“I will preface this review by stating that I am very fickle especially with kayaks. I have owned or tried nearly every make and model of kayak made over the years and paddle around Florida primarily in Tampa Bay waters 3-4 times a week. I also have a 2013 Eddyline Caribbean 12 that my wife uses. I just purchased an all white 2015 Eddyline Caribbean 14. They just made quite a few changes for the better in this new model year. The squeaky seat issue was fixed with a textured seat pan insert. The center console/rod pod was removed to open the cockpit up for more leg room and a large hatch/bucket was put in with softer/easier to use round rubber hatch covers front/rear. A lay down bottle holder/bungee was added in front of the bucket. The stock seat is ok but has a dumb cord attachment system that is too fiddly and impractical. It’s certainly different and worse. I put in an aftermarket seat with regular style brass clips. The seadog foot braces were replaced with squeeze and slide style which are quicker to adjust but are still straight up. Angled footrests would be more comfortable IMO. The carbon side carry handles are no longer smooth like a paddle shaft but instead rougher/ribbed now for more grip when wet. The hull seems to be slightly reshaped as well with tweaked tear drop scupper holes and a less pronounced keel in the middle to aid in turning I think. The boat feels significantly heavier than it’s claimed 50 pounds. My Caribbean 12 is 45 pounds but feels much lighter than the 14. It feels like a 15 pound difference at least not 5. For a sit on top kayak it’s nearly perfect. It is as fast to paddle as a sea kayak of similar size and much faster than any other sit on top I’ve paddled. It even beats the fast Necky Vectors. It is a bit faster than the Caribbean 12 with much better glide. It does exhibit slight weather cocking in wind. Adding a rudder would make sense if you paddle in open windy rough conditions often. It tracks very straight and also turns well so it’s a good compromise in performance. The primary and secondary stability are the best of any sit on top out there. It’s stable enough to stand up paddle in calm water and light chop/wind. The seating position is high and dry and comfortable. The 14 has more leg room than the 12. At 6′ and 32″ inseam I had the footrests fully extended on the 12 but I have 6-8″ more room on the 14. Construction is top notch and great looking. Pictures don’t do it justice. The fit and finish is way above any polyethylene boat at any price point. Overall it’s an awesome boat. It’s fast AND stable(quite the feat) It’s well thought out and nearly perfect. It would be great for fitness or recreational paddlers or fishermen. It’s a very well rounded boat. If you want speed but hate tight fitting sit inside kayaks, this is the one for you. It is not a cheap boat by any means in price or quality but you get what you pay for. The thermoform ABS this boat is constructed from is stiff and durable and is much more scratch/scuff resistant than poly boats which scratch and feather very easily. No boat can be absolutely perfect for the masses since we all have different want and needs but the new Eddyline Caribbean 14 comes close. 10/10”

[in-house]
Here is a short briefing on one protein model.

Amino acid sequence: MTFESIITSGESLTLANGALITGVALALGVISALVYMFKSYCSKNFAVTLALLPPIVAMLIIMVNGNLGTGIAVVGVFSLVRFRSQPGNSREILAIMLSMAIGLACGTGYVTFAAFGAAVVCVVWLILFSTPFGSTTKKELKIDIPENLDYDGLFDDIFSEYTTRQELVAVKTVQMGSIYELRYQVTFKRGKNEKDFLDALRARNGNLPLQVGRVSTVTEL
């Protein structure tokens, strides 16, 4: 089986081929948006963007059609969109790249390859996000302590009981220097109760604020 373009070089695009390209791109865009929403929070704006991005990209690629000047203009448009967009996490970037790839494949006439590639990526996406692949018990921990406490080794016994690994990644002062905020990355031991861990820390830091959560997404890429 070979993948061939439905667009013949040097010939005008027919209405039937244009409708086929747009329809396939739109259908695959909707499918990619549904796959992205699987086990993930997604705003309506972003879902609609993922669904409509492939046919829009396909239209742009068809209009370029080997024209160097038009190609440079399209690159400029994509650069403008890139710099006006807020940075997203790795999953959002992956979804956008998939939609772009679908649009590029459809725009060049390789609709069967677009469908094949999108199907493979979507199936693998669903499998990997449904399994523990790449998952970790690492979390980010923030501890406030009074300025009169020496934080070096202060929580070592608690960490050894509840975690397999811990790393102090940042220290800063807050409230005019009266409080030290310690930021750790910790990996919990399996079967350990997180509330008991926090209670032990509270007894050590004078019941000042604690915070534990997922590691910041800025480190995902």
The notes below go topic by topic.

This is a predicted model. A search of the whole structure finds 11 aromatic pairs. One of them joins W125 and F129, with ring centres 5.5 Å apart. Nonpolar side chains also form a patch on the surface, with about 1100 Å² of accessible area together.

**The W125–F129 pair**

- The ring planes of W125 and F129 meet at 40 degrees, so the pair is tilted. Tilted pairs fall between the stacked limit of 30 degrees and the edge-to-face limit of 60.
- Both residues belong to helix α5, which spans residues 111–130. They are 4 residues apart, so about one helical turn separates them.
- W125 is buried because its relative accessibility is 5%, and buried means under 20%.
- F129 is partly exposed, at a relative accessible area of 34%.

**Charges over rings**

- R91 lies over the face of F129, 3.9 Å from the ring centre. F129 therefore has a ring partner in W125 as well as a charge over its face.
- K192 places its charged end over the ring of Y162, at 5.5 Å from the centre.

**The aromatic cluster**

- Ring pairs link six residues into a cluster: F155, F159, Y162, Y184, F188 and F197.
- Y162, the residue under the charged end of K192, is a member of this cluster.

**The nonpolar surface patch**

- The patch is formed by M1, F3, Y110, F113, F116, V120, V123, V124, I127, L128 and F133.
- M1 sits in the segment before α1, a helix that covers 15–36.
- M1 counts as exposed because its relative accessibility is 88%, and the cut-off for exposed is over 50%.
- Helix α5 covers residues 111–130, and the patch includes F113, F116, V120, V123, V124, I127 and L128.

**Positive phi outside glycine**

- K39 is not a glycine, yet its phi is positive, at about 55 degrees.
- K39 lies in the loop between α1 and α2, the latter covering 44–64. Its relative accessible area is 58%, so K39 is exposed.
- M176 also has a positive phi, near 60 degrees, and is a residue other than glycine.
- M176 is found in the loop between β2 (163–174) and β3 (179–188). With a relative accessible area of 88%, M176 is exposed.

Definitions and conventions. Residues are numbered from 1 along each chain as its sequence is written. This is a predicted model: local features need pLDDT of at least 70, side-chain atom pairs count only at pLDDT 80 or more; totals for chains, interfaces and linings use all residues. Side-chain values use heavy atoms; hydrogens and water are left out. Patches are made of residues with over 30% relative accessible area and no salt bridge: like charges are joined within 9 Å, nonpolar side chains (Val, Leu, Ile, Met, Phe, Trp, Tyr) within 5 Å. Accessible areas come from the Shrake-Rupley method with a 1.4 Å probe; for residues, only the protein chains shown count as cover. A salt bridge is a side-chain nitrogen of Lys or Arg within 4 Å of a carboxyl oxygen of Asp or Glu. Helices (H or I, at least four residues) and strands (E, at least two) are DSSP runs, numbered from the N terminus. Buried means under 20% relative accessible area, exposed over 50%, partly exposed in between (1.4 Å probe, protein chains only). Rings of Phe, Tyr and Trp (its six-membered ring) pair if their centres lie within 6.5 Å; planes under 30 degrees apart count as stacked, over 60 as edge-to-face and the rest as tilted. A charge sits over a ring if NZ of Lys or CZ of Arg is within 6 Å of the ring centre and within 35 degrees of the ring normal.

Colin Mullen, ACA Coastal Kayaking Instructor
Once put on edge the kayak will hold an edge. When using a bow rudder the Raven makes an extremely tight turn as it does when utilizing both the high and low brace turns. When capsized I could roll the Raven upright smoothly and without effort, it seems to want to recover. When performing the high brace I waited until both my head and shoulder touched the water’s surface before attempting a recovery and the Raven responded beautiful, bring me back to an upright position each time. Both the paddle float and scrambled self-rescue techniques were easily performed with the Raven.